Bitcoin services startup Vogogo is closing its cryptocurrency-focused payment processing service next month after it failed to gain traction, a move that comes amid the exits of several executives and reports that at least some bitcoin services will be affected in the near-term.
on 5th July, the move will see Vogogo shutting down its payments service after it completed selling its risk management business. Those two business lines were major elements of Vogogo, which raised $8.5m in venture funding in August 2014 before going public last year.
The closure is notable given the relatively small size of the country's bitcoin industry and Vogogo's position as a visible service provider in Canada.
One bitcoin exchange, Coinbase, which used Vogogo as a payments processor for the Canadian market, has been affected by the shutdown, telling customers in that country that it won't be able to offer support after the end of this month.
Other exchanges that operate in Canada, most notably Kraken and QuadrigaX, say they aren't affected by the closure.
Vogogo has been searching for new directions – and revenue – since April, public statements show, when the company announced that its board of directors was looking for alternatives. At the time, the company said it would downsize as part of a cost-cutting plan.
CFO Tom Wenz said in an interview that other assets, including an Electronic Money Institution license obtained last fall, are being looked at as revenue generators, though he said that the company wasn’t going out of business and that it has “plenty of cash in the bank”.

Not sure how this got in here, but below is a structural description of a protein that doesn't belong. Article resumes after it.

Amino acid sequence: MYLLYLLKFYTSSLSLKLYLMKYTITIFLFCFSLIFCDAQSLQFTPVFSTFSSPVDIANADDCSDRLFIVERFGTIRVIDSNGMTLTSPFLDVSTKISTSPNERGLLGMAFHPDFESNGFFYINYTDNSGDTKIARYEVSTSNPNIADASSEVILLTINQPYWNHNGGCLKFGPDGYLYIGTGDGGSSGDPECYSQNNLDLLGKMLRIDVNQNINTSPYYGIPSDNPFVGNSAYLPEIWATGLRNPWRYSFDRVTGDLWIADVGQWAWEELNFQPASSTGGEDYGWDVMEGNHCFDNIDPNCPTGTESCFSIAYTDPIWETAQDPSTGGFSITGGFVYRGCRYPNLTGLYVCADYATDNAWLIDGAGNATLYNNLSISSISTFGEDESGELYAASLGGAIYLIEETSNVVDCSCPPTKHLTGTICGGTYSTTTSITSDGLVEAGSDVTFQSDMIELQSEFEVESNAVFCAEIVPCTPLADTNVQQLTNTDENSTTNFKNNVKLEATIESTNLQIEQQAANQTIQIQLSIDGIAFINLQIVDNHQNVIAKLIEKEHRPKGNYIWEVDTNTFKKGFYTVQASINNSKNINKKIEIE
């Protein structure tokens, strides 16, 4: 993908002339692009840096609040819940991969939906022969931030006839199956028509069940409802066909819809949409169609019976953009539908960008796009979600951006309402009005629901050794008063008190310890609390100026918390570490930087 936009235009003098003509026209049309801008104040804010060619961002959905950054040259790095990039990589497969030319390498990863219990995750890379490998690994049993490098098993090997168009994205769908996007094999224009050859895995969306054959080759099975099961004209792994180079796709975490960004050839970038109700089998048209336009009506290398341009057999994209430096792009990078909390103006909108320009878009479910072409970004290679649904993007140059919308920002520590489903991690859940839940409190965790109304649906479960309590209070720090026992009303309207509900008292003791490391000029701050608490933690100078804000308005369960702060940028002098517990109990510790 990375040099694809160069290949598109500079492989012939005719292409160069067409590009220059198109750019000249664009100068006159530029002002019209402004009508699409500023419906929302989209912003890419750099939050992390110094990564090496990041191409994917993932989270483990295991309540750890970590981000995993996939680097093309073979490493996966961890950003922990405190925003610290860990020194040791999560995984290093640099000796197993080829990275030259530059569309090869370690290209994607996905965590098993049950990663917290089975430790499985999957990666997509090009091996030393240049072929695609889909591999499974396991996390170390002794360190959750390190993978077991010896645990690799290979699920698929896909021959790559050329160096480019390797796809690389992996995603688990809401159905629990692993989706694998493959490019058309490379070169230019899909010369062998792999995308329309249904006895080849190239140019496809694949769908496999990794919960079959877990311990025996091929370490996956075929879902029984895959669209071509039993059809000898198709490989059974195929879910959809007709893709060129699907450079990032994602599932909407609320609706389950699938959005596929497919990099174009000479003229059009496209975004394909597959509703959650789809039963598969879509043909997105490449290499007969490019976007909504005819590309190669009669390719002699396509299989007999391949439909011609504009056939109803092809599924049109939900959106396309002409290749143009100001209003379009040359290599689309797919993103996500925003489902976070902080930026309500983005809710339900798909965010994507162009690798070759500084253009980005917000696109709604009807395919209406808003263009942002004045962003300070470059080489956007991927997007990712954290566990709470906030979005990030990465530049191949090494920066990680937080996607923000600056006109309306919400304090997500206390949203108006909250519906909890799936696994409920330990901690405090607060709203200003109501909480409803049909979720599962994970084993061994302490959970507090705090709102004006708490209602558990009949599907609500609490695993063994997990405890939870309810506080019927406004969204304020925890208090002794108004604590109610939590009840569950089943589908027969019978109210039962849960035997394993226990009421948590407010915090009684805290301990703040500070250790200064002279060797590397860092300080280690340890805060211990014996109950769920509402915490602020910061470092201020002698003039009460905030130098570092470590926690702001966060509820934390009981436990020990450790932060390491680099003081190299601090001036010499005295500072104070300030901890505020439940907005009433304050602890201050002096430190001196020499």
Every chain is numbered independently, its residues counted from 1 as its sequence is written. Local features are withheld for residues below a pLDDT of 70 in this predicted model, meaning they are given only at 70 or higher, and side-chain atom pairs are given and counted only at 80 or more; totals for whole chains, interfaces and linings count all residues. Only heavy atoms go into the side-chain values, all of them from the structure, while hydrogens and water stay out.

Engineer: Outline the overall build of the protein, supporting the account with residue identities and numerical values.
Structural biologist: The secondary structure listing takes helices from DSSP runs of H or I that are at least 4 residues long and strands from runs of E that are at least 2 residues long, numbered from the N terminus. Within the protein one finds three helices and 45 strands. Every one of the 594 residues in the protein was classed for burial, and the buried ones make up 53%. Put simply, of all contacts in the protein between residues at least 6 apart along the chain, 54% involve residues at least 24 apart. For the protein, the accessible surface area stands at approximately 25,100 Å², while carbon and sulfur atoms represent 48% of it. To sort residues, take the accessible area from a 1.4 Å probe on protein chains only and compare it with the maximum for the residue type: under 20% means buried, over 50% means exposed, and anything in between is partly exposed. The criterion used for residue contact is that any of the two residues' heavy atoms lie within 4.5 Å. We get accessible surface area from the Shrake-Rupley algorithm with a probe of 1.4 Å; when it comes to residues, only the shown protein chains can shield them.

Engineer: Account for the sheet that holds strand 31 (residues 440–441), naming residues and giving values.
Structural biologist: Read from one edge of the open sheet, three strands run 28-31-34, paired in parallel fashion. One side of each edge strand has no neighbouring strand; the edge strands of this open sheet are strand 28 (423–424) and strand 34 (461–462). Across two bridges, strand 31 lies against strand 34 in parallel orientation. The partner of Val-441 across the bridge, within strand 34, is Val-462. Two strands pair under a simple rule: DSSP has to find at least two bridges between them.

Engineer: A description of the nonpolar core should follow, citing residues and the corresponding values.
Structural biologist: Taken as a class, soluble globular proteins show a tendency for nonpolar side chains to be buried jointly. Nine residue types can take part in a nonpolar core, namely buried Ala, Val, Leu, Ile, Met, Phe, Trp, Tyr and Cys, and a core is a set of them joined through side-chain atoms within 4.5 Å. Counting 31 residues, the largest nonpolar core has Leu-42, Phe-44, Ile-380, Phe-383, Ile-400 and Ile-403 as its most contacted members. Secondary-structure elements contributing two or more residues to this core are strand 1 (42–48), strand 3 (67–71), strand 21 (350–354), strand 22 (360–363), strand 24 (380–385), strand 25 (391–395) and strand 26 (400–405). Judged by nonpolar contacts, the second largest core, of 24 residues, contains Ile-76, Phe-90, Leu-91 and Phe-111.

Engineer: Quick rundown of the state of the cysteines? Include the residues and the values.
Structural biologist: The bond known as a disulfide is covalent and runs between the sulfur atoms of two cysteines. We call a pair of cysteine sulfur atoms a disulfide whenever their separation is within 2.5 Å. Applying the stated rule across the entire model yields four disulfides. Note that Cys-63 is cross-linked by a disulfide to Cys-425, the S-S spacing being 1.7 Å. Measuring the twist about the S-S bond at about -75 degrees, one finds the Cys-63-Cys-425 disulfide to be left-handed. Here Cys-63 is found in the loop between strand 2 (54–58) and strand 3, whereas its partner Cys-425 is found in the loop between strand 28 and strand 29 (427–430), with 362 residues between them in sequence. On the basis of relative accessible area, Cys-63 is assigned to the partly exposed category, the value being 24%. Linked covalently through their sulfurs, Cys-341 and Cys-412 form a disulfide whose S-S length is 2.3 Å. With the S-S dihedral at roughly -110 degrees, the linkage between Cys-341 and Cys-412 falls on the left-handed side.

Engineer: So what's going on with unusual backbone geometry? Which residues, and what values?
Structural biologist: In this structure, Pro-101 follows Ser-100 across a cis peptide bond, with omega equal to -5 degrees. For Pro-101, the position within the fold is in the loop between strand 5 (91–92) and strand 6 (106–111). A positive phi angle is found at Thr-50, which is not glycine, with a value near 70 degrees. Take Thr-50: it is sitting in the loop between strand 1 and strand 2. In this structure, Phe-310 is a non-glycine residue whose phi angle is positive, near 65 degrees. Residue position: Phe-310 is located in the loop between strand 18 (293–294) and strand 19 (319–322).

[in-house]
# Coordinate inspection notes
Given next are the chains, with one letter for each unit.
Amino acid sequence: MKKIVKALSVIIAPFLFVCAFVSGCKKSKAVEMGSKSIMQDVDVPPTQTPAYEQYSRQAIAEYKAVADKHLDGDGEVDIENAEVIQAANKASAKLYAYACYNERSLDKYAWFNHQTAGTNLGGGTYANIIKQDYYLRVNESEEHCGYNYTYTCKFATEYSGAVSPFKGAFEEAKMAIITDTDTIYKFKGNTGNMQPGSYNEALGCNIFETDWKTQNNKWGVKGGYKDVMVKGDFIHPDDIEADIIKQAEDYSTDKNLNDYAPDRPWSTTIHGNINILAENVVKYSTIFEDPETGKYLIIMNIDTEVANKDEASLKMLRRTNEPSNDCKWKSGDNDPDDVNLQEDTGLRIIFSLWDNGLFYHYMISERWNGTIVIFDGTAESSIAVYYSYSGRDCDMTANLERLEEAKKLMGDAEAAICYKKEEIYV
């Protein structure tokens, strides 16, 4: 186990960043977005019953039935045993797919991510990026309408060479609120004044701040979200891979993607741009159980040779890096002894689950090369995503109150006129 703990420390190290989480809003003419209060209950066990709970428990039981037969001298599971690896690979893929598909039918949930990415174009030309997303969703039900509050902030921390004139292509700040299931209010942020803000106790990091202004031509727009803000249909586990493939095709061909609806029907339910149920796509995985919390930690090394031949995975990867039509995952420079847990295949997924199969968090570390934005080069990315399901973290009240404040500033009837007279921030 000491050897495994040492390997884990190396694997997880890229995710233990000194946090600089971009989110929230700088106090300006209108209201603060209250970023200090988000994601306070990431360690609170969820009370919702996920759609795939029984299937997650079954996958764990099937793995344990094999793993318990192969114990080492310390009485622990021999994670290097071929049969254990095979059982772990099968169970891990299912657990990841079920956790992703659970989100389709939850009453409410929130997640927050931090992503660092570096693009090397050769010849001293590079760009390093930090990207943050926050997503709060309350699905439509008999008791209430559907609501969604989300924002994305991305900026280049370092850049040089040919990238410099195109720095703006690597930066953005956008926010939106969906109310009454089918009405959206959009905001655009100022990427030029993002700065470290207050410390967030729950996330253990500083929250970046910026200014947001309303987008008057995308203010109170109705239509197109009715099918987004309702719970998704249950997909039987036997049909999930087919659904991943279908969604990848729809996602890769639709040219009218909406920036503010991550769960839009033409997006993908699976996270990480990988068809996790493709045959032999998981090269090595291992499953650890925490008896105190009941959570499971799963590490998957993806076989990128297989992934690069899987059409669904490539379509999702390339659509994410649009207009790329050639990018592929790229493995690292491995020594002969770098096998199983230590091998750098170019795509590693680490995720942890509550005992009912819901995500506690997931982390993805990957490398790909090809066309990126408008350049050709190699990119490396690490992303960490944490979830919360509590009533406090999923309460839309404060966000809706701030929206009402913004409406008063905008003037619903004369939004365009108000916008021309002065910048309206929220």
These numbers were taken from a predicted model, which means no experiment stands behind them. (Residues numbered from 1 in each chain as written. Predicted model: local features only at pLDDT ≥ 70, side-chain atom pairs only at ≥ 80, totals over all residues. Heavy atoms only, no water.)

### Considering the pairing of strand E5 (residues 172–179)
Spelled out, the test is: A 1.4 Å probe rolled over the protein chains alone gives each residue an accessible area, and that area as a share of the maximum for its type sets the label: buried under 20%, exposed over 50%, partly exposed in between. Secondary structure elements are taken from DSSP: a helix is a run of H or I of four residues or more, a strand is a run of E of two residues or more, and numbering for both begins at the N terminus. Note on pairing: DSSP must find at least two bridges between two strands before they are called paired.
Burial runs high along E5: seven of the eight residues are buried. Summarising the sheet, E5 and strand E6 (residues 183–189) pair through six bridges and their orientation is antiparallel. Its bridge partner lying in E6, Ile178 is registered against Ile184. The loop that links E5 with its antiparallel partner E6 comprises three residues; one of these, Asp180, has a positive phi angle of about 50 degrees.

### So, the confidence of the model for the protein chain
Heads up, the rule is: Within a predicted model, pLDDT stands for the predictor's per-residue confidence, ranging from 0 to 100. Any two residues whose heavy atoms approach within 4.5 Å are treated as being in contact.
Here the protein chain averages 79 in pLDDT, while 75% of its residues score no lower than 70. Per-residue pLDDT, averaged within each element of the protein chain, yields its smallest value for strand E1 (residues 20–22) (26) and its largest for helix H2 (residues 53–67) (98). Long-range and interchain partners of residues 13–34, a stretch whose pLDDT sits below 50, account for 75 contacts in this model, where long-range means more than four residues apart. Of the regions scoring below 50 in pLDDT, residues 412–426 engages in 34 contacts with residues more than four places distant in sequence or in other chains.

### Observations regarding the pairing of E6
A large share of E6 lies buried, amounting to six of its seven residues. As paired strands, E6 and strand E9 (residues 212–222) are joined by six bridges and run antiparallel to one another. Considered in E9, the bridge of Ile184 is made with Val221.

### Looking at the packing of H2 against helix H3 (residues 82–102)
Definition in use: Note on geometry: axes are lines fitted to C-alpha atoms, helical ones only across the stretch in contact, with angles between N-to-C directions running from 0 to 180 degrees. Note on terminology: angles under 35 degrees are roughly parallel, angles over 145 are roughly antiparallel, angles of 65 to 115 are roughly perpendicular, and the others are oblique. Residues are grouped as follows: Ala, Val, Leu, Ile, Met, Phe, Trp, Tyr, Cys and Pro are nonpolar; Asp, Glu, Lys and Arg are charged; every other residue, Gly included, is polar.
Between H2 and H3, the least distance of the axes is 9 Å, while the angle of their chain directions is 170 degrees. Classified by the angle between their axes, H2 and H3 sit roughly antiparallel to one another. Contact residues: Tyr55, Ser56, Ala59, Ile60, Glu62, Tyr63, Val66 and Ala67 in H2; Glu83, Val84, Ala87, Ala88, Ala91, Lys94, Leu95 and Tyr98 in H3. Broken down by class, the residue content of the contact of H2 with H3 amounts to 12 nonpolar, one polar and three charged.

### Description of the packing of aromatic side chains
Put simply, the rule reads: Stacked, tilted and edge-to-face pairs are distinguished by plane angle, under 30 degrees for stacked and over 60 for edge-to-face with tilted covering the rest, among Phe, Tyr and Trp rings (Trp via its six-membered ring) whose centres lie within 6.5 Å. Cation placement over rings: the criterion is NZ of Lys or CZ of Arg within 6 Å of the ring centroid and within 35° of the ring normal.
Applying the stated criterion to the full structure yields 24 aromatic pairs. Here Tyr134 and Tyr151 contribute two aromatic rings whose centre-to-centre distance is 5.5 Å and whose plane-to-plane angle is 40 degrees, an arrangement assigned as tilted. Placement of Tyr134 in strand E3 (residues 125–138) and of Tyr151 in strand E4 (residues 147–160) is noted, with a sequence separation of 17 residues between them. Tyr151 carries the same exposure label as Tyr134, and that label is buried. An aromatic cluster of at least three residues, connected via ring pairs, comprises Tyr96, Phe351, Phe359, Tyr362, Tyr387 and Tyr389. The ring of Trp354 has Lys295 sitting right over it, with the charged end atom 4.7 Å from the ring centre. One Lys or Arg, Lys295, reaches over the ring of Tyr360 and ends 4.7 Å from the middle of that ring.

He said that the payment business wasn’t making enough money to keep it afloat, and that ultimately, the company opted, in a decision he said was made Monday, to close it down.
Wenz told CoinDesk:
Impact on bitcoin services
In an email sent to Canada-based customers and later circulated via social media, exchange service Coinbase said that it wouldn’t be able to provide electronic funds transfers or Interac transfers for those clients, or store funds denominated in Canadian dollars.
Those funds need to be withdrawn by 29th July, the email said.
Coinbase later told CoinDesk that it was working to restore service to Canadian customers in light of the loss of access to Vogogo’s processing service.
“We will adjust to this change as quickly as possible and hope to promptly restore services to our Canadian customers,” the company said.
Bitcoin service Celery said that about 10% of its volume comes from Canada since its integration with Vogogo in 2015, and that it hadn’t yet spoken to customers about alternatives. Founder Ilya Subkhankulov suggested that alternatives within Canada for bitcoin companies might be few and far between given the existing financial climate.
“The Canadian payment processing market is especially hard to obtain access to for digital currency transaction processing because only a handful of banks have a tight grip on the payment networks," he said.
Kraken CEO Jesse Powell said that while Vogogo was the firm’s main processing service for Canadian dollars, he said the exchange had alternatives to turn to following the closure.
“At the moment, we don't expect our clients to be affected,” Powell told CoinDesk.
Wenz framed the decision to close the processing unit, as well as the company’s broader strategic shift, as an effort to pivot away from a business model that wasn’t working.
The past several months has seen significant change within the company. In May, the board of directors created an internal group to consider new directions. Less than a month later, Vogogo announced that president and CEO Geoff Gordon would resign effective 24th June. He is set to resign from the company’s board on 10th July.
In 16th July, Vogogo announced that chief revenue officer Rodney Thompson resign as chief revenue officer. Wenz himself is set to shift to a part-time basis at the end of this month.
Beyond the revenue and market traction problems, Wenz pointed to the company’s public stock as a factor. Vogogo’s stock price traded at nearly C$2 last July, according to data from Bloomberg, before suffering a 12-month decline of more than 90% that has left it trading at around 12 Canadian cents.
“The current business model wasn’t being supported and that was reflected in the stock price,” he said. “Instead of burning more capital on a business that wasn’t getting support, we’re looking at other options.”
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